Separates Read Operations from the Transactional Operations using separate Interfaces. This Pattern maximizes performance, scalability and security.

What’s wrong with traditional data management system?

In traditional data management systems both the queries and commands are executed against the same set of entities in a single data repository. Meaning, all the CRUD operations are applied to the same representation of the entity.


  • Unwanted columns in the request payload even when they are not required to update the database. Also, managing Security and Permissions becomes complex.
  • Risk of deadlocks, conflicts on the parallel sets of operations. Eventually leads to performance issues.

Solve using CQRS Pattern:

CQRS Pattern segregates the read and write operations such as queries and commands. Unlike CRUD designs CQRS pattern is not feasible for scaffolding mechanisms.

The read store can be a read-only replica of the write store, or the read and write stores can have a different structure altogether. Using multiple read-only replicas of the read store can greatly increase query performance and application UI responsiveness, especially in distributed scenarios where read-only replicas are located close to the application instances. Some database systems (SQL Server) provide additional features such as failover replicas to maximize availability.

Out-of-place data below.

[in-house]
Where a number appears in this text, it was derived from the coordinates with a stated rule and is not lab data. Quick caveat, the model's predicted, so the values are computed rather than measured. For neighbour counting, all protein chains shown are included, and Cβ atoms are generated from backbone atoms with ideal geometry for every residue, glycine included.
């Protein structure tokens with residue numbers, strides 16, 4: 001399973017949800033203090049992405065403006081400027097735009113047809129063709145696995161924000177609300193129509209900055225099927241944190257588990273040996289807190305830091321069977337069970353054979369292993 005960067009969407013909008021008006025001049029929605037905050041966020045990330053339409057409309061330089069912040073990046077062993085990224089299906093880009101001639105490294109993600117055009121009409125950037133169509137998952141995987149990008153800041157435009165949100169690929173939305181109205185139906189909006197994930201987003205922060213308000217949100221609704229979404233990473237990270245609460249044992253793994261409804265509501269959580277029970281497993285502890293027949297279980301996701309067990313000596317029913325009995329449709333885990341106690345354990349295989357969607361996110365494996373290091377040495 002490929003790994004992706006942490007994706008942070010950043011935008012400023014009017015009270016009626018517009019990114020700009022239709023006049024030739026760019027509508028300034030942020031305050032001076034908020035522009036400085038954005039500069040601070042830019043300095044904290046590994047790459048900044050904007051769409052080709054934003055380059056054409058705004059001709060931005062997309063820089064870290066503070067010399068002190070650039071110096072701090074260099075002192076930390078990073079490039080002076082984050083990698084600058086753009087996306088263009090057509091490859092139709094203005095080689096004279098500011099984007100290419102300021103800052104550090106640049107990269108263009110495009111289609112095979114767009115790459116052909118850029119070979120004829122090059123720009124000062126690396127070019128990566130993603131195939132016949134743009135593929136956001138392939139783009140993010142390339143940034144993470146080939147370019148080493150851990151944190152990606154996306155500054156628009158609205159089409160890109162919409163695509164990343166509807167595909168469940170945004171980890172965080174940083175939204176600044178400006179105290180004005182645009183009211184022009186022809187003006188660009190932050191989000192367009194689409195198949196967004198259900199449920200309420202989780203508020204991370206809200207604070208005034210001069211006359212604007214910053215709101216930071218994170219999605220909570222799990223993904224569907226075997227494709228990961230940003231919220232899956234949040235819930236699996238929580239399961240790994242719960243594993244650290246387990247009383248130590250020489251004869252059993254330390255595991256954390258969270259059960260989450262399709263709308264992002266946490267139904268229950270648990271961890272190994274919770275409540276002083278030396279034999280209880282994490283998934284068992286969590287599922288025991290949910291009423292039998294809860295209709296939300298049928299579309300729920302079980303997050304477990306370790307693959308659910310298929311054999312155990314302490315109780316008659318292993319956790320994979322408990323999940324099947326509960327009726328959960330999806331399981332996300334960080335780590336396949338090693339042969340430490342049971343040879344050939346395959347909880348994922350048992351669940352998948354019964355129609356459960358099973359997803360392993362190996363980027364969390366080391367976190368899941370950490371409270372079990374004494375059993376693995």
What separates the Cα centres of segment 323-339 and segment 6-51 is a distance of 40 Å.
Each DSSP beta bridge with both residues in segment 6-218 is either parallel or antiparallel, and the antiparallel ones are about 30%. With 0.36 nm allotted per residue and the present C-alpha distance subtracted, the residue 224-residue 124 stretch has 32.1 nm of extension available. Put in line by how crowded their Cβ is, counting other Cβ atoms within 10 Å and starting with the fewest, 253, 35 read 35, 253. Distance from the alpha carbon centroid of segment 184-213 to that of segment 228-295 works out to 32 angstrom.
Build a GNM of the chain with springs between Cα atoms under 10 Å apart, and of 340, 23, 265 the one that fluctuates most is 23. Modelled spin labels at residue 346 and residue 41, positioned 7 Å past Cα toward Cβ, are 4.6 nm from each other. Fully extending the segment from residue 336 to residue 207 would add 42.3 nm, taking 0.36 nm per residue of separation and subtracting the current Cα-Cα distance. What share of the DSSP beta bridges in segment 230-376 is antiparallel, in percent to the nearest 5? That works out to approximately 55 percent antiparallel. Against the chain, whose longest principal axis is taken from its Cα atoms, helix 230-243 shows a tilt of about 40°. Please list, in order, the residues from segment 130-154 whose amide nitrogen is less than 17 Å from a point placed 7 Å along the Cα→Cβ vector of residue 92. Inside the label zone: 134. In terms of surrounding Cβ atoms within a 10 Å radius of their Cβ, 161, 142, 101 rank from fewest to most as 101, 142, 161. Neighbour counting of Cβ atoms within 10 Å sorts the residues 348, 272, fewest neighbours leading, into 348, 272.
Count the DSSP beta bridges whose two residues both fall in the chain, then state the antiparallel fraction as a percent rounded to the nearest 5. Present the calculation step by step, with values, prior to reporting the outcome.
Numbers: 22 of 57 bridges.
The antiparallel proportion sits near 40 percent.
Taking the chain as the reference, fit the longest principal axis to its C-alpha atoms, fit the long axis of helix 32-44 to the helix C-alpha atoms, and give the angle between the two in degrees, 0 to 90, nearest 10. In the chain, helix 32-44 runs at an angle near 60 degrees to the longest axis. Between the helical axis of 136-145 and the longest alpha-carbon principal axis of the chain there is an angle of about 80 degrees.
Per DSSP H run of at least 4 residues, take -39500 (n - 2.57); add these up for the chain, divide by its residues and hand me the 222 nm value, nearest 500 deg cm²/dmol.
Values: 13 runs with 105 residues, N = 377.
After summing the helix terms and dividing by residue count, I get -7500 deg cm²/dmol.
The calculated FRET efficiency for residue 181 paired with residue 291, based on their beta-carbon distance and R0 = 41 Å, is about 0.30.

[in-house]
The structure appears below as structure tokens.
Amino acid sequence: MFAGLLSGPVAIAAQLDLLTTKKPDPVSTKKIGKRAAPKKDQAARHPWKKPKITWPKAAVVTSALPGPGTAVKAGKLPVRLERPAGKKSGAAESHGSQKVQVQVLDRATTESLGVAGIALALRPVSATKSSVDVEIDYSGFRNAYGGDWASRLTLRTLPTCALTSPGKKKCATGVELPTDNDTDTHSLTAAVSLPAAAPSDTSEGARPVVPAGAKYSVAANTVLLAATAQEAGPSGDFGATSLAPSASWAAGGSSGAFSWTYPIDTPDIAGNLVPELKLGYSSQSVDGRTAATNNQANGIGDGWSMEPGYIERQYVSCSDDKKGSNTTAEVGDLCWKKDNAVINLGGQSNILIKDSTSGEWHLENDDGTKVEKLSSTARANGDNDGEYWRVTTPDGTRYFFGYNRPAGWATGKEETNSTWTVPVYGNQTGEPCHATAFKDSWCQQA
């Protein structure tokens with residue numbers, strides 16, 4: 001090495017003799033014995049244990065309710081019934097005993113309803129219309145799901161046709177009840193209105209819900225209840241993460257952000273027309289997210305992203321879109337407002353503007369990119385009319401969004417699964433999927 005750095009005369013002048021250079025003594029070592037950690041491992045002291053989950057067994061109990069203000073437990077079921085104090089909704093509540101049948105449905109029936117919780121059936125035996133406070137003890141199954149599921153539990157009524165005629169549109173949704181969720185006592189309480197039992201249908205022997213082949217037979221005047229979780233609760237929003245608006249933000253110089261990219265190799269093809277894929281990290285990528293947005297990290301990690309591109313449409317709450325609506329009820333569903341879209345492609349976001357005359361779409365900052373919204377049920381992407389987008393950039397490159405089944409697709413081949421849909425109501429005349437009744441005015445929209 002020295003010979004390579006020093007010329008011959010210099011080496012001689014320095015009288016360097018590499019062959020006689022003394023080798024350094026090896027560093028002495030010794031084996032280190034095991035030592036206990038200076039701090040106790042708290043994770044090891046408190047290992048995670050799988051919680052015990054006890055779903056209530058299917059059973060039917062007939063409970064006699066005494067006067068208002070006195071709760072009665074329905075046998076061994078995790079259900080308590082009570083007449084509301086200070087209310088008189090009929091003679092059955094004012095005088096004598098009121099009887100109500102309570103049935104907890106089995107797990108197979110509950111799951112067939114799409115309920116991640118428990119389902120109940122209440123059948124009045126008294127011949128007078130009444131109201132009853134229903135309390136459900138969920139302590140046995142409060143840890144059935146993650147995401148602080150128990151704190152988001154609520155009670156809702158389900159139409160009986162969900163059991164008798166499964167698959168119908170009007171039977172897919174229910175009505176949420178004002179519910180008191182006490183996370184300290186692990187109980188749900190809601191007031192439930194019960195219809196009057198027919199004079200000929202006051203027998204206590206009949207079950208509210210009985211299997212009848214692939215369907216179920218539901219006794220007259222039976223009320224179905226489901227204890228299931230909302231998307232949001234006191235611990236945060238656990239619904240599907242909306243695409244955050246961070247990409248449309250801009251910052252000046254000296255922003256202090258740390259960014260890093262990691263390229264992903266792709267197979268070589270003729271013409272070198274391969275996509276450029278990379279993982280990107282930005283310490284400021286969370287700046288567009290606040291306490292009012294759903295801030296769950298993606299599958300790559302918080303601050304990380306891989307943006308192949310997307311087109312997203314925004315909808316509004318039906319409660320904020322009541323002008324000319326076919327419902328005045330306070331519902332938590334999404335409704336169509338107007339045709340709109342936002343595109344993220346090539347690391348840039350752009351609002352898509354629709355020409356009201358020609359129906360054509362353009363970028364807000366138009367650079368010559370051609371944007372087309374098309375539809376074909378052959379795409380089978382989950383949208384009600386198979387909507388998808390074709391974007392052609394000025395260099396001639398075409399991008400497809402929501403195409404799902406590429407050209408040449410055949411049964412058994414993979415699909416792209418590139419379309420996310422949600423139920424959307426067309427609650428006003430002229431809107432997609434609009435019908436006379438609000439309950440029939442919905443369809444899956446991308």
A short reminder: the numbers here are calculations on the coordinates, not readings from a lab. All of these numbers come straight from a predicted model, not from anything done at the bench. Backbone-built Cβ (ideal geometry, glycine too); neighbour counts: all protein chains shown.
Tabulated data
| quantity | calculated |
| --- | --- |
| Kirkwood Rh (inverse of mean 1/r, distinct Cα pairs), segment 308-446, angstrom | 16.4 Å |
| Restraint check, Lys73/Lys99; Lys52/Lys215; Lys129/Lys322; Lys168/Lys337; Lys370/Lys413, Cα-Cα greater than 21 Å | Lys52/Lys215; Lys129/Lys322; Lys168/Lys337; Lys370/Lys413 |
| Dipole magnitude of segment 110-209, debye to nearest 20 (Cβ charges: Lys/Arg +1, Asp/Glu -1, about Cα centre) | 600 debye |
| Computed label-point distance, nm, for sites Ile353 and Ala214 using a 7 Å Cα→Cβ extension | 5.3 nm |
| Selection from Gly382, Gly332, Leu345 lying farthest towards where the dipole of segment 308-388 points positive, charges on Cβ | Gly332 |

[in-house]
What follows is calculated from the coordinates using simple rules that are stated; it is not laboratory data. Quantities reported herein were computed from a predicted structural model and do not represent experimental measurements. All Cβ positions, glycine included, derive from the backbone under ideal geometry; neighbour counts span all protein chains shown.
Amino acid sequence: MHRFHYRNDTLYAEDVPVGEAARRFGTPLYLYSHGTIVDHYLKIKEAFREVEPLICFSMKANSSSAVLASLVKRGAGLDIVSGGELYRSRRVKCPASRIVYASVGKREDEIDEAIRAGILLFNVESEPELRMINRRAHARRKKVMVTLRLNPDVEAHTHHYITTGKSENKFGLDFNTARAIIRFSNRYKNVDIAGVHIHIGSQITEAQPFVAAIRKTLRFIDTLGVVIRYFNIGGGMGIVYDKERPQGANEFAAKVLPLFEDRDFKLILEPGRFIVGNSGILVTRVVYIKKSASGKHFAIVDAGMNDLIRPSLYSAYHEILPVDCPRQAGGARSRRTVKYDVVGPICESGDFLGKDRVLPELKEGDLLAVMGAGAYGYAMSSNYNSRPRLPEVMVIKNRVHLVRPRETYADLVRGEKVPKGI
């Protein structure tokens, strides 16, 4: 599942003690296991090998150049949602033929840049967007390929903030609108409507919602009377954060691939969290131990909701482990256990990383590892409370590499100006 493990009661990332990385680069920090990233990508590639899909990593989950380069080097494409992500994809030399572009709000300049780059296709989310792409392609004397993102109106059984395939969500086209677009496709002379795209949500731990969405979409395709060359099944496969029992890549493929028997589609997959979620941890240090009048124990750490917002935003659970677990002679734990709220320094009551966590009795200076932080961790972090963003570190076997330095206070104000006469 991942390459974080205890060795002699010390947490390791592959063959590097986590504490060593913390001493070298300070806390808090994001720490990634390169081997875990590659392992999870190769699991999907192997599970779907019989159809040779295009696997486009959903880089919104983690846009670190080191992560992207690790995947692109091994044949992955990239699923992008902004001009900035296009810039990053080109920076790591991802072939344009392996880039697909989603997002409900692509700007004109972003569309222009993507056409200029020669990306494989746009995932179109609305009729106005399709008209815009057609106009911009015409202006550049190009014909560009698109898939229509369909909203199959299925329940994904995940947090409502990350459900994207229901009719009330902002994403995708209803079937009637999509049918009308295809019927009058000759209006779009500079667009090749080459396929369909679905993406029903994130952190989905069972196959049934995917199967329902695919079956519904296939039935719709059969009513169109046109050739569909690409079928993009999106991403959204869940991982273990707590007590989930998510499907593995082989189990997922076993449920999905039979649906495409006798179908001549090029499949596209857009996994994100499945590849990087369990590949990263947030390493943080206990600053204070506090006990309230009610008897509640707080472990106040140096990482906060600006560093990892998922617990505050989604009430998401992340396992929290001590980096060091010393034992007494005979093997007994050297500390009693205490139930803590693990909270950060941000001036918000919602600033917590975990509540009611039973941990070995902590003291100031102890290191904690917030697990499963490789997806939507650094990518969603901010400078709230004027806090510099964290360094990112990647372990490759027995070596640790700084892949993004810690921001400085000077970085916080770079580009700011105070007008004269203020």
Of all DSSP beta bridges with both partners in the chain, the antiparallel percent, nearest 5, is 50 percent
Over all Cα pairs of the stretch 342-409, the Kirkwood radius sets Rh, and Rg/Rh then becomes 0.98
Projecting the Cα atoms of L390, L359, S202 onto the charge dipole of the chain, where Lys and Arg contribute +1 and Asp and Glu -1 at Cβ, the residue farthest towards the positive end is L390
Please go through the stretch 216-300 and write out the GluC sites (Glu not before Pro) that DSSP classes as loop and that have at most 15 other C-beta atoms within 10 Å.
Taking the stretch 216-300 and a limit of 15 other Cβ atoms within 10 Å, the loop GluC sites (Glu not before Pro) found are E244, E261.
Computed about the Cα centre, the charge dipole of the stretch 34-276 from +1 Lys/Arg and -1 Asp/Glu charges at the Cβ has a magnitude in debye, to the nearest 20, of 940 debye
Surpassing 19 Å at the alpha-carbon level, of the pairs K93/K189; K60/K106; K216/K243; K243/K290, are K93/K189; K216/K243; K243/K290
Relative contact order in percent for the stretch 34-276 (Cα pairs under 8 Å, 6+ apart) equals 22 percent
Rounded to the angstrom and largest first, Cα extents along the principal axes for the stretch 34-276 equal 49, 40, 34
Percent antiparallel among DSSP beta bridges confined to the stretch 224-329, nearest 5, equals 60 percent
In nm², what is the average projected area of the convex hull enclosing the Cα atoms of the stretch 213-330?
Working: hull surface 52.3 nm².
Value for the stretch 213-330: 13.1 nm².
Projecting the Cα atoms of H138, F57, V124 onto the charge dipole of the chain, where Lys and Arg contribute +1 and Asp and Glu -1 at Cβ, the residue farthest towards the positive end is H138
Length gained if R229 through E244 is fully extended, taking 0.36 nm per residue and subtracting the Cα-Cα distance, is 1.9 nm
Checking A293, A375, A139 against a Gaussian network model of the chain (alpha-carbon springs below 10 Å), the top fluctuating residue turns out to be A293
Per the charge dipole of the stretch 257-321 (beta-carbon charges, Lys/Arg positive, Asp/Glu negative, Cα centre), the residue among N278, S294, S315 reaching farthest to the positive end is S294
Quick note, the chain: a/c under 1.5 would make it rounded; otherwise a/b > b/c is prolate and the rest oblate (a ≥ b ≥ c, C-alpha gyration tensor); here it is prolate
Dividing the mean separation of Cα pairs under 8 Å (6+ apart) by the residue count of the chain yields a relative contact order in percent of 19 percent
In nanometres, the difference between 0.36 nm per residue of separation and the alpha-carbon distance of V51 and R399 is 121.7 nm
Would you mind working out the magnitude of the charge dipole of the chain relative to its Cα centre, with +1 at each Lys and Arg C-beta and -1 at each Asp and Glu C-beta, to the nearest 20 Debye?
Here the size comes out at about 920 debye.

Separation of the read and write stores also allows each to be scaled appropriately to match the load. For example, read stores typically encounter a much higher load than write stores.

Note: Consider applying CQRS to limited sections of your system where it will be most valuable.

When to use CQRS?

  • When you have multiple operations to perform in parallel.
  • Task based user interfaces over a complex domain models.
  • When familiar with DDD (Domain Driven Design).
  • Read model has no validation, unless returning a DTO.
  • When require high performance read and write data applications with multiple parallel sets of operations.
  • Suitable for Product development, which evolves over a period of time and might contain multiple versions of models or business rules change regularly.
  • Integration Systems, when typically handling failure in sub systems. Additionally, considering integrating with middleware like Service bus for messaging helps the situations.
  • When the development team understands the concept that the requirements has a clear path of domain and business rules.